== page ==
The Akamina Parkway not only is a "must do" scenic drive through the heart of Waterton Lakes National Park, but it also allows hiking enthusiasts to access several popular trails, such as the Crandell Lake Trail, Lineham Falls Trail, Rowe Lakes, Lineham Peak, Tamarack Trail, Akamina Pass Trail, Akamina Ridge, Akamina Lake, Carthew-Alderson Trail and Cameron Lakeshore Trail. Below is a brief description of these popular trails. Click each link for more details.
Akamina Parkway Trailheads and Hikes...
Crandell Lake Trail
The Crandell Lake Trail is a short 0.7 mile (one way) trail takes you to Crandell Lake, which rests on a low saddle between Mount Crandell to the east and the Ruby Ridge to the west. There is the Crandell Lake Campground located here, and you will need a permit and reservation to stay here overnight.
Trailhead: Akamina Parkway, just before the Discovery Well at mile 4.6
Distance: 1.1 miles (one way)
Elevation Gain: 246 vertical feet
Lineham Falls Trail
The Lineham Falls Trail (a.k.a Lineham Creek Trail) takes you up to a vantage point where you can get a good look at the 410 foot Lineham Falls. The hike to and from the falls is quite scenic, and makes the hike worthwhile even when Lineham Falls is barely flowing later in the summer season.
Trailhead: Akamina Parkway, at about mile 5.9
Distance: 2.6 miles (one way)
Elevation Gain: 1,291 vertical feet
Elevation Loss: 132 vertical feet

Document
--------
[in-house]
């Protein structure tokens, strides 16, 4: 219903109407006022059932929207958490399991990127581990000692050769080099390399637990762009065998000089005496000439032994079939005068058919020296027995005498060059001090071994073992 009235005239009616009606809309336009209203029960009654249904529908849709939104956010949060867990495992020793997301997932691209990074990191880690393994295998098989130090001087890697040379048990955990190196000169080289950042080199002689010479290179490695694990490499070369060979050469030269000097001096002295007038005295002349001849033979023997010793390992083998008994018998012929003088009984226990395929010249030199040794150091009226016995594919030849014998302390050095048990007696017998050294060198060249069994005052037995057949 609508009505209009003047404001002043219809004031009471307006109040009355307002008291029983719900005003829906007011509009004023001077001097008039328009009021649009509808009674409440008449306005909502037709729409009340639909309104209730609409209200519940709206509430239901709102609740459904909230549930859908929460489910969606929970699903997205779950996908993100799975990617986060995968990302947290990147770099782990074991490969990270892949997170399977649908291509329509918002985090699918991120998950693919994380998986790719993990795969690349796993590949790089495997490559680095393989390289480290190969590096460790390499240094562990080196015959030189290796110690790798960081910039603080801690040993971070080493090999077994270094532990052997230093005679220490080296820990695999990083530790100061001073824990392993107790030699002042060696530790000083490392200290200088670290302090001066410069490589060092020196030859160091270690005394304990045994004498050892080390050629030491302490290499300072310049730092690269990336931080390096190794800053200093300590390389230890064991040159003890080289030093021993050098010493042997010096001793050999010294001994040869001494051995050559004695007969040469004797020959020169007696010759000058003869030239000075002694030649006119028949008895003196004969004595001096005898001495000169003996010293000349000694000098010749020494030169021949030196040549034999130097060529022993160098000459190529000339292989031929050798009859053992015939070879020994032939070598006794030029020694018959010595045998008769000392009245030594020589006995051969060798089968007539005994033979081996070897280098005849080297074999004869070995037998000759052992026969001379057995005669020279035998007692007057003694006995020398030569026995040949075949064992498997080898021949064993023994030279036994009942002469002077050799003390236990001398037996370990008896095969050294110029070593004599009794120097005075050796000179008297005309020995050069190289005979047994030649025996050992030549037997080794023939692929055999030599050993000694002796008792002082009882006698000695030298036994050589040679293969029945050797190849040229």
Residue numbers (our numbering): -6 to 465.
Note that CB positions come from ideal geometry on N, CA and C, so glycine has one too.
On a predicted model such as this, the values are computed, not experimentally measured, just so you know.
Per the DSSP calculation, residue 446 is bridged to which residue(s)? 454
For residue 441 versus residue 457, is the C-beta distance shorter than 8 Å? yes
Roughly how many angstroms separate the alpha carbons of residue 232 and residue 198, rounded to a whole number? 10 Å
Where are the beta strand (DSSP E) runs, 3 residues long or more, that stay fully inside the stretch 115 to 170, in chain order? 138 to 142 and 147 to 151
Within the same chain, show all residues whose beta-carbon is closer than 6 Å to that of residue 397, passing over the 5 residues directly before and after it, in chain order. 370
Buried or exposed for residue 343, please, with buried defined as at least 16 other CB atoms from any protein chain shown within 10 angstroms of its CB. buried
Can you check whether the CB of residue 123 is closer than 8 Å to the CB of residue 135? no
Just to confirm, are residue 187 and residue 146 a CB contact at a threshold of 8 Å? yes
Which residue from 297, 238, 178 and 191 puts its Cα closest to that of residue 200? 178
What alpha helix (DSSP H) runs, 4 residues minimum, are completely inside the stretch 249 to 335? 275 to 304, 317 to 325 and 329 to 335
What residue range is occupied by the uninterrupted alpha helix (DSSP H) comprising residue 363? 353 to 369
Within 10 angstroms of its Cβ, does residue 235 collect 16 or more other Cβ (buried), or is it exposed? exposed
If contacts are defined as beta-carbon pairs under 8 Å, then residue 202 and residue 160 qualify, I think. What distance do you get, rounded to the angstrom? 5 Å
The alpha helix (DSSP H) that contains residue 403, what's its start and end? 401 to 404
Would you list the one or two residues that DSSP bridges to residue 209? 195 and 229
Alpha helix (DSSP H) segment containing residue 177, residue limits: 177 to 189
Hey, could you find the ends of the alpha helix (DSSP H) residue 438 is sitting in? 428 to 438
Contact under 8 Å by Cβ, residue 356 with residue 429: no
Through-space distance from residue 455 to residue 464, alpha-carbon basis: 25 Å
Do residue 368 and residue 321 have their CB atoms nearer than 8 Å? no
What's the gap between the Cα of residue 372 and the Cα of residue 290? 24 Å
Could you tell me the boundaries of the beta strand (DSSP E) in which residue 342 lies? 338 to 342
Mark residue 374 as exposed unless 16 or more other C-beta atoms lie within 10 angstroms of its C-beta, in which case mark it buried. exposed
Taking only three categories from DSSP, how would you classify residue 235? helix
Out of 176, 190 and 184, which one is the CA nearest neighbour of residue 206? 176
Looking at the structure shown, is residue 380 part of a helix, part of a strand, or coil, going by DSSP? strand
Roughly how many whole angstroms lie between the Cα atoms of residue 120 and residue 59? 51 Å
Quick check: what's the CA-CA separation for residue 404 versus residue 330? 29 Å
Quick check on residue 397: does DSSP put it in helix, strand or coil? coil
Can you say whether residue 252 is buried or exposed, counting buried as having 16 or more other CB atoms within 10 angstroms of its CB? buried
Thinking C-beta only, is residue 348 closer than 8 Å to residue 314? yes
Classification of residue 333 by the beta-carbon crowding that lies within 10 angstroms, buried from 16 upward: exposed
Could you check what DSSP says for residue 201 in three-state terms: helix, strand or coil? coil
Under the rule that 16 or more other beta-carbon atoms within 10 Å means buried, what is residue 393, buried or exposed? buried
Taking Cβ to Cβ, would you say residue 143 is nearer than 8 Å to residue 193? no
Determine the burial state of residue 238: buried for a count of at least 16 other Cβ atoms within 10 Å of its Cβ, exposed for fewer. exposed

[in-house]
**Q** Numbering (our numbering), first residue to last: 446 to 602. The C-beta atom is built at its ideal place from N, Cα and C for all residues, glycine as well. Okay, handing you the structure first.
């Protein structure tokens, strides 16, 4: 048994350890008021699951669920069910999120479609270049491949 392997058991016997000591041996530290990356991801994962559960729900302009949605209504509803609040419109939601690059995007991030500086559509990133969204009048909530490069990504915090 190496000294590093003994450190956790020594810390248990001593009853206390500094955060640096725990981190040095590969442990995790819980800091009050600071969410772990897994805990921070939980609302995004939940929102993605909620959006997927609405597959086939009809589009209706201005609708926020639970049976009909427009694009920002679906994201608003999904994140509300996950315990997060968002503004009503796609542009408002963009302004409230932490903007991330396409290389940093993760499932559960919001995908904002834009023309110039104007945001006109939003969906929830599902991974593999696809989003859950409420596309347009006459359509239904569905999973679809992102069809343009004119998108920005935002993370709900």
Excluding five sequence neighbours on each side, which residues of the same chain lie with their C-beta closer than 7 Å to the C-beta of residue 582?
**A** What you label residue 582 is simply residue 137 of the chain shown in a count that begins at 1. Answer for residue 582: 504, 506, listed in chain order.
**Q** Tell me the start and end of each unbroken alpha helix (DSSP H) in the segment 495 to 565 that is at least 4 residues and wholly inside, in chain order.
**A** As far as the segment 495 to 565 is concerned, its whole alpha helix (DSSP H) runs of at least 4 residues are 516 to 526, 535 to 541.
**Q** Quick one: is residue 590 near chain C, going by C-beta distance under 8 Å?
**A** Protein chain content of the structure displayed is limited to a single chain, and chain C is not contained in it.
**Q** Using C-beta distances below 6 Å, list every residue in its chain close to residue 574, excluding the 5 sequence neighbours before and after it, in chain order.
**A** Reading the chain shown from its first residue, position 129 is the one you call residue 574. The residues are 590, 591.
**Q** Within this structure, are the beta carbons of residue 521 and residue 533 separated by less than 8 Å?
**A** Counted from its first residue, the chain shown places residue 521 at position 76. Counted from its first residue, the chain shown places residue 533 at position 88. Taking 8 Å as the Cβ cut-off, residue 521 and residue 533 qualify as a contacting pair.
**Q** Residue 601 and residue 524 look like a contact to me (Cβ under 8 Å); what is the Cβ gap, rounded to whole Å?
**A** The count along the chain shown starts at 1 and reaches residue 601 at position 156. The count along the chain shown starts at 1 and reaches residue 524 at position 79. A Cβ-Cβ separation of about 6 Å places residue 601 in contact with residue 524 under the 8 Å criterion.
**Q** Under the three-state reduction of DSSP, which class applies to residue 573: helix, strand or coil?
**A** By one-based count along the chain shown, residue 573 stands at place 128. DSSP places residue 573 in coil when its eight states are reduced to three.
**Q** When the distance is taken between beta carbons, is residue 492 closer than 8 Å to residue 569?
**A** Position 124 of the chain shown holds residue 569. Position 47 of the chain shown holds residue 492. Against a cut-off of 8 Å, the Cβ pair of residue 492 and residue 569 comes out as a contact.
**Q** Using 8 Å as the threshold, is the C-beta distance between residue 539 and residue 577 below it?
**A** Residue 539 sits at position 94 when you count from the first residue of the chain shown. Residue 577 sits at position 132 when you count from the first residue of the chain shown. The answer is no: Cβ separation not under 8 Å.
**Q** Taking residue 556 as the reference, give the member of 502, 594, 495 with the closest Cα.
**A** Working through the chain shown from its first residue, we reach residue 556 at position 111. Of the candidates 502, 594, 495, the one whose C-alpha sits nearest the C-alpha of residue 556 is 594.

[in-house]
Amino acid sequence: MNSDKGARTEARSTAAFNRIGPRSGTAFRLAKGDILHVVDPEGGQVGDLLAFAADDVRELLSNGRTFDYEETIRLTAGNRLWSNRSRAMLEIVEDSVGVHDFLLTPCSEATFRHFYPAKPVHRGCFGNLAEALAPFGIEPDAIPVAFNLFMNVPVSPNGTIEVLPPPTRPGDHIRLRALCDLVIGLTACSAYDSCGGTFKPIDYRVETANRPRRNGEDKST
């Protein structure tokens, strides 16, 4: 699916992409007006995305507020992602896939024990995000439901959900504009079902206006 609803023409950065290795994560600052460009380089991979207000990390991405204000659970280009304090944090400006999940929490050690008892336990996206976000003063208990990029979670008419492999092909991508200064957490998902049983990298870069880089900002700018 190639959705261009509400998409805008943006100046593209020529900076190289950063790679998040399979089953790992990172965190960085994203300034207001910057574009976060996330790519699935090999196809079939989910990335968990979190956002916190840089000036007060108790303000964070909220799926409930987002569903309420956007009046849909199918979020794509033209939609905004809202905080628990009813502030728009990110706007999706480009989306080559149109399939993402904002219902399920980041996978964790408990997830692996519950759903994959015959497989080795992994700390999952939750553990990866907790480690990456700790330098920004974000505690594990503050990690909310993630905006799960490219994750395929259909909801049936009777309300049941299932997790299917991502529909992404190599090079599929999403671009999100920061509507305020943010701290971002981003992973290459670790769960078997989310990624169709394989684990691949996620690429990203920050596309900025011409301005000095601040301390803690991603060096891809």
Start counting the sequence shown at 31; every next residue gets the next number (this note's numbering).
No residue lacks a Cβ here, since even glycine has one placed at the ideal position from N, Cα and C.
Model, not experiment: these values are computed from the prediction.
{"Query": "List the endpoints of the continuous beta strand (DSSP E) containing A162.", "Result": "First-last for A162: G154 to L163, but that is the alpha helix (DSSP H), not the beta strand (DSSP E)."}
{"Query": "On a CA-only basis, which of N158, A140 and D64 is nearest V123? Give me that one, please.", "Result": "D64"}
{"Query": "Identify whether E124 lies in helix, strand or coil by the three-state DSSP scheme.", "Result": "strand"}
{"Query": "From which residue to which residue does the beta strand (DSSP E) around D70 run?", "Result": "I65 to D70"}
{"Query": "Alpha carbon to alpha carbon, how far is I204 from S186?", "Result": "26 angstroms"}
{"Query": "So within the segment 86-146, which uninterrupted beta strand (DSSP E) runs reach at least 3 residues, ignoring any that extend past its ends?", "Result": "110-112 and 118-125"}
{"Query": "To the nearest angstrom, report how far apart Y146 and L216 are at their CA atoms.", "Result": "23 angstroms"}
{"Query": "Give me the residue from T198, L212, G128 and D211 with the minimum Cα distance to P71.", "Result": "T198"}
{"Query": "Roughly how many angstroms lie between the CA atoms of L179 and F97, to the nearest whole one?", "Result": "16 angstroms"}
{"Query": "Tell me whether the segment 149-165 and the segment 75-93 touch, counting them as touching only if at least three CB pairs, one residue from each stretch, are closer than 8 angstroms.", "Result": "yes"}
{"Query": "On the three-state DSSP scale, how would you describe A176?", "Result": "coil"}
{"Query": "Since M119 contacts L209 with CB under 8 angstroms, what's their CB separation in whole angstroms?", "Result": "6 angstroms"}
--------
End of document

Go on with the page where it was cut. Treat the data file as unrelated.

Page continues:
Rowe Lakes Trail
The trailhead to Rowe Lakes Trail is located at about 6.5 miles up Akamina Parkway, and takes you to Lower Rowe Lake and Upper Rowe Lake. Near Lower Rowe Lake is a junction that connects with the Tamarack Trail, as well as access to the lofty summit of Mount Lineham.
Trailhead: Akamina Parkway, at about mile 6.5
Distance: 3.9 miles to Upper Rowe Lake
Elevation Gain: 2,043 vertical feet
Elevation Loss: 232 vertical feet
Akamina Ridge Trail
The Akamina Ridge Trail is basically an old road, and is not that particularly scenic, HOWEVER, in just one mile, this trail takes you into the Akamina-Kishinena Provincial Park of British Columbia, where you can then hike to Wall Lake, Forum Lake, and our favorite... Akamina Ridge.
Trailhead: Akamina Parkway at mile 8.6
Distance: 1 mile (one way)
Elevation Gain: 348 vertical feet
Cameron Lakeshore Trail
The Cameron Lakeshore Trail takes you along the west shore of Cameron Lake, where you will hike through a very nice spruce and fir sub-alpine forest. Near the end of the trail, avalanches have cleared the way for an amazing view of Mount Custer, which looms above Cameron Lake to the south.
Trailhead: Cameron Picnic Area
Distance: 1.9 miles round trip
Elevation Gain: minimal
Akamina Lake Trail
The Akamina Lake Trail is a short hike to a sub-alpine lake. Akamina Lake is not the most beautiful lake in Waterton Lakes National Park, but is still quite scenic and only takes about 10 minutes to get there. A great hike for a young family.
Trailhead: Cameron Lake Parking Lot
Distance: 0.6 miles round trip
Elevation Gain: minimal
The Carthew-Alderson Trail is one of the most popular day hikes in Waterton Lakes National Park, and one that we highly recommend. We've devoted an entire page to this 11.8 mile (19.0 km) hike. The Carthew-Alderson Trail begins at Cameron Lake, and ends at Waterton Townsite. (This is one of our favorite hikes in Waterton Lakes National Park.)
Trailhead: Cameron Lake, Akamina Parkway
Distance: 11.8 miles (19.0 km) one way
Elevation Gain: 3,145 feet (958.6 m)
Elevation Loss: 1,437 feet (438.0 m)
The Akamina Parkway in Waterton Lakes National Park is one of the most visited areas of the park. With fascinating pullouts, abundant wildlife, incredible hiking opportunities and magnificent scenery the entire way, the Akamina Parkway is definitely among the "Top Things To Do in Waterton Lakes National Park", and we highly recommend that you take some time and explore this wonderful area.